118
118
AN EXCEPTIONAL IMPERIAL INSCRIBED WHITE JADE RETICULATED 'WULAO TU' BRUSHPOT
QING DYNASTY, QIANLONG PERIOD
Estimate
2,000,0003,000,000
JUMP TO LOT
118
AN EXCEPTIONAL IMPERIAL INSCRIBED WHITE JADE RETICULATED 'WULAO TU' BRUSHPOT
QING DYNASTY, QIANLONG PERIOD
Estimate
2,000,0003,000,000
JUMP TO LOT

Details & Cataloguing

Important Chinese Art from the Collection of Sir Quo-Wei Lee II

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Hong Kong

AN EXCEPTIONAL IMPERIAL INSCRIBED WHITE JADE RETICULATED 'WULAO TU' BRUSHPOT
QING DYNASTY, QIANLONG PERIOD
the cylindrical body superbly reticulated and worked in various levels of relief portraying a gathering of the Five Elders against jagged rockwork, two depicted conversing with one another, another two portrayed opening a scroll, the scene further rendered with waterfalls as well as gnarled pine, willow and wutong branches issuing from the crevices of the boulders, inscribed to one side with an imperial poem titled the 'Scene of the Five Elders', the lustrous stone of an even white colour with attractive russet inclusions, wood stand
12.8 cm, 5 in.
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Provenance

Collection of Percy D. Krolik.
Sotheby’s London, 24th February 1970, lot 130.

Catalogue Note

Skilfully reticulated, the present brushpot is carved with a continuous scene of the gathering of five elderly gentlemen sheltered by craggy rocks and overhanging trees, complemented by a flowing stream and a lofty pavilion in the background. As such, this brushpot is like a long scroll with a narrative enfolding around the sides, showing the five venerable scholars travelling through the countryside, enjoying various leisurely activities and the hidden delights of forests and streams. It is completed by an imperial poem written in 1766 by the Qianlong Emperor, titled ti Hetian yu wulao tu ('On the Khotan jade depicting the Five Elders'), praising not only the carving of the figures and the mountains, but also a desirable carefree lifestyle (Qing Gaozong yuzhi shiwen quanji [Anthology of imperial Qianlong poems and text], Yuzhi shi san ji [Imperial poetry, vol. 3], juan 57, p. 18 (fig. 1).

The subject commemorates the retirement and friendship of five respected octogenarians in Suiyang, present day Henan province, and is known as the 'Five Elders of Suiyang', after a painting from the Northern Song dynasty. Painted in the early 1050s, it features five aged honourable scholar-officials, including Du Yan, who had attained the rank of prime minister, the highest rank among the five, Zhu Guan, a native of Suiyang, and the Director of the Ministry of War, Bi Shichang, Wang Huan and Feng Ping. The painting was later divided into five parts, now in the collections of three museums in the United States. The colophons, comprising of numerous admiring inscriptions and poems by notable scholars of the Northern Song period, praise the joys of retirement when, free from the formalities and restraints of the court, these old men could indulge in the enjoyment of life.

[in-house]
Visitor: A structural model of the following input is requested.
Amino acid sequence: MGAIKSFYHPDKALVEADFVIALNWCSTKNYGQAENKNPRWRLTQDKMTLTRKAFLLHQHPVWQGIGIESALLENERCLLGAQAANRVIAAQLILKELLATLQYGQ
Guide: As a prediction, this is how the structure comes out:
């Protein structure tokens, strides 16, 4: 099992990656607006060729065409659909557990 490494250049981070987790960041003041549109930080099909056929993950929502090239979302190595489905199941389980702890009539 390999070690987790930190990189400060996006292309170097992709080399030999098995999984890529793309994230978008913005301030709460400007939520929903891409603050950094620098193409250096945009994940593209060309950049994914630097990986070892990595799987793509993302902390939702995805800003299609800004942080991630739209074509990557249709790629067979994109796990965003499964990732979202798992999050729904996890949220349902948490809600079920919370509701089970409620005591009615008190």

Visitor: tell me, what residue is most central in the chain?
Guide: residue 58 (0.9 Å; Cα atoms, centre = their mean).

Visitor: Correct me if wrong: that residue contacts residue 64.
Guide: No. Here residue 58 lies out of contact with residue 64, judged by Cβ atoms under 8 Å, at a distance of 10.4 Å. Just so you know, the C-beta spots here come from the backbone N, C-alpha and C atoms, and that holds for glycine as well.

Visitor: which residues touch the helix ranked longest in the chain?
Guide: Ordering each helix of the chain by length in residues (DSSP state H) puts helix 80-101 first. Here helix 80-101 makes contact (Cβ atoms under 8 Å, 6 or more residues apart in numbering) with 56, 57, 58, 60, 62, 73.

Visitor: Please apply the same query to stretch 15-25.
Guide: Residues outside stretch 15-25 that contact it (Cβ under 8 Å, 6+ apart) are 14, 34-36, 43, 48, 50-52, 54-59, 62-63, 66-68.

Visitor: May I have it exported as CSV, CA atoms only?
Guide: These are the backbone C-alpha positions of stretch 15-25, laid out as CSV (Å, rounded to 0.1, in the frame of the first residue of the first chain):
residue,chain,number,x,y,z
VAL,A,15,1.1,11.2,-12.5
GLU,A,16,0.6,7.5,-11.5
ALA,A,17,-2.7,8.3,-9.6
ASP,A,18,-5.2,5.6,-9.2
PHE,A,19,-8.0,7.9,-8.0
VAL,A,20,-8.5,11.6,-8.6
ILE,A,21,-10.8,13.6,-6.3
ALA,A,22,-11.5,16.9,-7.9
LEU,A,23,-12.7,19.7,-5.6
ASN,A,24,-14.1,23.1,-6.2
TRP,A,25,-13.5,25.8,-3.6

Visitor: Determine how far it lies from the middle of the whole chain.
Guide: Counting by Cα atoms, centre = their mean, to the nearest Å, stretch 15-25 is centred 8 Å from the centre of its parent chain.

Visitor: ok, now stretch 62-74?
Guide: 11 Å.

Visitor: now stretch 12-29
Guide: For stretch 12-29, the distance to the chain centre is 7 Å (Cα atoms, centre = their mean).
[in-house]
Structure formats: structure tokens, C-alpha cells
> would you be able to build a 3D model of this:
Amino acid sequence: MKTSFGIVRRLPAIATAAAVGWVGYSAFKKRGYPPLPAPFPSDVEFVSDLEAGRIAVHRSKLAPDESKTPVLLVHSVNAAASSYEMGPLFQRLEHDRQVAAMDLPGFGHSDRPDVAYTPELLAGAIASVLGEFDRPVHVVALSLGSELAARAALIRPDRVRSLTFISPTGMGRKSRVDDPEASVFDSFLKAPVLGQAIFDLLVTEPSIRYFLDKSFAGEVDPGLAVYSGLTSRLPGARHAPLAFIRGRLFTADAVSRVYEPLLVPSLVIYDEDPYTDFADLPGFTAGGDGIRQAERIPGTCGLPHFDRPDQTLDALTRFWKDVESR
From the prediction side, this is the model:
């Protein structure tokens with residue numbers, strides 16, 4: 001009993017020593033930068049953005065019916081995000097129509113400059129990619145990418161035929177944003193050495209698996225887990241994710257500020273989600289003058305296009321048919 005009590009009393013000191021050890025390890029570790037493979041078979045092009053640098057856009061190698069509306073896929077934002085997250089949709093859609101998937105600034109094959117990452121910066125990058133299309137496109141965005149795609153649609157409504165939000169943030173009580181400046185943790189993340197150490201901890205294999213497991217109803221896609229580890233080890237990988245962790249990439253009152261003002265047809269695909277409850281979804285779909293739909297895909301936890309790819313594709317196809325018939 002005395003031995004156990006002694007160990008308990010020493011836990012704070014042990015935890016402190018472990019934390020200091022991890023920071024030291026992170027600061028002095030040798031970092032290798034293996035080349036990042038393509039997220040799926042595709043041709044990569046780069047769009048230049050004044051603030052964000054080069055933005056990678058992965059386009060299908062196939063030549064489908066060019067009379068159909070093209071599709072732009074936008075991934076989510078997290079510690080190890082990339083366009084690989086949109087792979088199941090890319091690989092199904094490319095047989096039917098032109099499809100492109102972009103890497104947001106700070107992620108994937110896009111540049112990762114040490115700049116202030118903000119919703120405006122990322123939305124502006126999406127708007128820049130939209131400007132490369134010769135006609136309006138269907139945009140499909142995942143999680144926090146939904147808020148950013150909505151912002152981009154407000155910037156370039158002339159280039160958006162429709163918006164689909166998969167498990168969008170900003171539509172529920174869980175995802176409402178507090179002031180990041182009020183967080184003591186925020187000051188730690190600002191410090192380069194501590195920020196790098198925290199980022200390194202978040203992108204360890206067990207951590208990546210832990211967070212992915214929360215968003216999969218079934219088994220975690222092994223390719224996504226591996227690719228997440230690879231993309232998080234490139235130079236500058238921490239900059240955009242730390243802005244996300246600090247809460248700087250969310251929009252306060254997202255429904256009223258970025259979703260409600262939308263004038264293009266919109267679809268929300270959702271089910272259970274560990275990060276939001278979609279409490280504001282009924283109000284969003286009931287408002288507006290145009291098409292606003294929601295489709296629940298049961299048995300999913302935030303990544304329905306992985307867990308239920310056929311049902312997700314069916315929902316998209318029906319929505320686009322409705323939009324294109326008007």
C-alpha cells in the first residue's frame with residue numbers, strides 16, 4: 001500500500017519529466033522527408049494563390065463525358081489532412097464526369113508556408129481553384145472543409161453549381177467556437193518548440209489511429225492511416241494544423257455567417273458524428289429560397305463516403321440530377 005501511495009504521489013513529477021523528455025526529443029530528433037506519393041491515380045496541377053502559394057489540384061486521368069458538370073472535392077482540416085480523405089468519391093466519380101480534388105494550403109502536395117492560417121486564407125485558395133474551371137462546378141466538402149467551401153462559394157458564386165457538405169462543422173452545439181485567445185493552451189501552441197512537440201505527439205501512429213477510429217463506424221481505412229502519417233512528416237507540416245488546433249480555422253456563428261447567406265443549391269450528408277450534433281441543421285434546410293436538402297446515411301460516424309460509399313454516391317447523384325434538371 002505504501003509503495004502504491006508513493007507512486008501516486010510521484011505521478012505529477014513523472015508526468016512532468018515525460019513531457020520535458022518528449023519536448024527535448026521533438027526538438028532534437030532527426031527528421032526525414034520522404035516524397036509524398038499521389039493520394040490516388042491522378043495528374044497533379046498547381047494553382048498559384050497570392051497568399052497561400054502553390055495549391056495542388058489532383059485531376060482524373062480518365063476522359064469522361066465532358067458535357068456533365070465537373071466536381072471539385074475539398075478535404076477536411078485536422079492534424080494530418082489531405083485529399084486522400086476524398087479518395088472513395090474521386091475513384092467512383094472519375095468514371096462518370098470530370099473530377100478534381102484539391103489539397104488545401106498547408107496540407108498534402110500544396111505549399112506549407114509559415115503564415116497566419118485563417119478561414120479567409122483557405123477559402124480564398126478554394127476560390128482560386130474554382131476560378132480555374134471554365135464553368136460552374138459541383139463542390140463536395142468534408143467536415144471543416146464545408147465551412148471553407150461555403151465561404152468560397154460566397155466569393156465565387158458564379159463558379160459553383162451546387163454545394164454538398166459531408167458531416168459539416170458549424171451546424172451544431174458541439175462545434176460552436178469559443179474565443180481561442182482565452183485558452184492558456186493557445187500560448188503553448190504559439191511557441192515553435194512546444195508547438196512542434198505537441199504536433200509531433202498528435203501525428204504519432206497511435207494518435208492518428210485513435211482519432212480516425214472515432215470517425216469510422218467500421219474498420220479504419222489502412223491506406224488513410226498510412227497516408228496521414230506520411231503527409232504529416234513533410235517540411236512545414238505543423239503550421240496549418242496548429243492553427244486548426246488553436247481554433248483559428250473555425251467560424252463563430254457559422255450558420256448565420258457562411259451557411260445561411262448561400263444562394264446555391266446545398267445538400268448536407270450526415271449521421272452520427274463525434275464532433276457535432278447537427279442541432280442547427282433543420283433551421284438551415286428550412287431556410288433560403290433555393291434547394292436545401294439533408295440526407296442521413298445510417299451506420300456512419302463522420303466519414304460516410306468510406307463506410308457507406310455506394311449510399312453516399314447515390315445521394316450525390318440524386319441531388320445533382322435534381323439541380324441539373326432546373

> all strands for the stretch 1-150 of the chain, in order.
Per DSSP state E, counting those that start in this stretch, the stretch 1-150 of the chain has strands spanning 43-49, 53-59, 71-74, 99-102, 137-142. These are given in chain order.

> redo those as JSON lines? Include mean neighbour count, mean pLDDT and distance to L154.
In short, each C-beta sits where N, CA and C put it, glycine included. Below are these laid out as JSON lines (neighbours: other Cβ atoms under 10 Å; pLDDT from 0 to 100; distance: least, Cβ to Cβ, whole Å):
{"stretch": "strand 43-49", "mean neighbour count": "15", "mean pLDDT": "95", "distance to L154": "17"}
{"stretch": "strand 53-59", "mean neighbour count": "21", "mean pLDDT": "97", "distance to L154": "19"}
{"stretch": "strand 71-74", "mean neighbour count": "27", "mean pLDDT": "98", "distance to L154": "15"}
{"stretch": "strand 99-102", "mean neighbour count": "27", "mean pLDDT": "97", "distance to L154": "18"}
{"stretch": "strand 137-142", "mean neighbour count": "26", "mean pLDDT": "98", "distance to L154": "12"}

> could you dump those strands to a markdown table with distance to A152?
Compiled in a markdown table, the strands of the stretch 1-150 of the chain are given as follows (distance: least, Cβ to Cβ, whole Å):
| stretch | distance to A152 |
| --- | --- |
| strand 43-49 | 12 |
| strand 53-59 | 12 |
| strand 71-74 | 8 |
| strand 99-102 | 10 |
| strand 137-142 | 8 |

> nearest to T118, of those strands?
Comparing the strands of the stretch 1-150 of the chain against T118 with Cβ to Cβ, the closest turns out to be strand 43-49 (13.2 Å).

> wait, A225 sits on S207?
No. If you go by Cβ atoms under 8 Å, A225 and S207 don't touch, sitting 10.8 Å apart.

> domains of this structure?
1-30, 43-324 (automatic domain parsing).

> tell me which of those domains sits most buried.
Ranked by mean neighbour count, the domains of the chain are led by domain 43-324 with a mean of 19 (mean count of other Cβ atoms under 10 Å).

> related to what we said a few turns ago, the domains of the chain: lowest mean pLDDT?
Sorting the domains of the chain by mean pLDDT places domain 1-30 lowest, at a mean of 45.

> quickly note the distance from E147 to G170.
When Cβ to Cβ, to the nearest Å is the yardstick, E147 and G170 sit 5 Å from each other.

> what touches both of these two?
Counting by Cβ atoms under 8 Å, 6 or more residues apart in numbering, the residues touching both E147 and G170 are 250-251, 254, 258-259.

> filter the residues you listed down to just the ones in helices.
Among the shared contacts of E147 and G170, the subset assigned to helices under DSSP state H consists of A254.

A related poem by Zhu Guan, one of the Five Elders, reads 'now with crane-white hair, all (five elders) feel ready to prepare the Taoist's cap. Suddenly arriving among forests and streams, they are able to let themselves go; having thrown away their hair clasps and sashes, they esteem leisure wandering', see Peter C. Sturman, 'In the Realm of Naturalness: Problems of Self-Imaging by the Northern Song Literati', in Maxwell K. Hearn and Judith G. Smith, Arts of the Sung and Yuan, New York, 1996, p. 168. 

For jade brushpots decorated with the same theme, see a slightly larger example of Qianlong mark and period from the De An Tang collection, depicting the Five Elders gathering at a terrace overlooking waves, exhibited in A Romance with Jade from the De An Tang Collection, Palace Museum, Beijing, 2004, cat. no. 13. A further spinach-green jade brushpot from the collection of Robert Napier was sold in our London rooms, 7th November 2018, lot 19. In the introductory essay to the lot, Dr Xu Lin writes, 'In his old age, the Qianlong Emperor yearned for longevity, and this was reflected in the many longevity-themed works of jade carvings produced during his reign' (p. 50). Compare also a white jade boulder of the same subject matter in the National Palace Museum, Taipei, illustrated in The Refined Taste of the Emperor: Special Exhibition of Archaic and Pictorial Jades of the Ch'ing Court, Taipei, 1997, cat. no. 47.

Important Chinese Art from the Collection of Sir Quo-Wei Lee II

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Hong Kong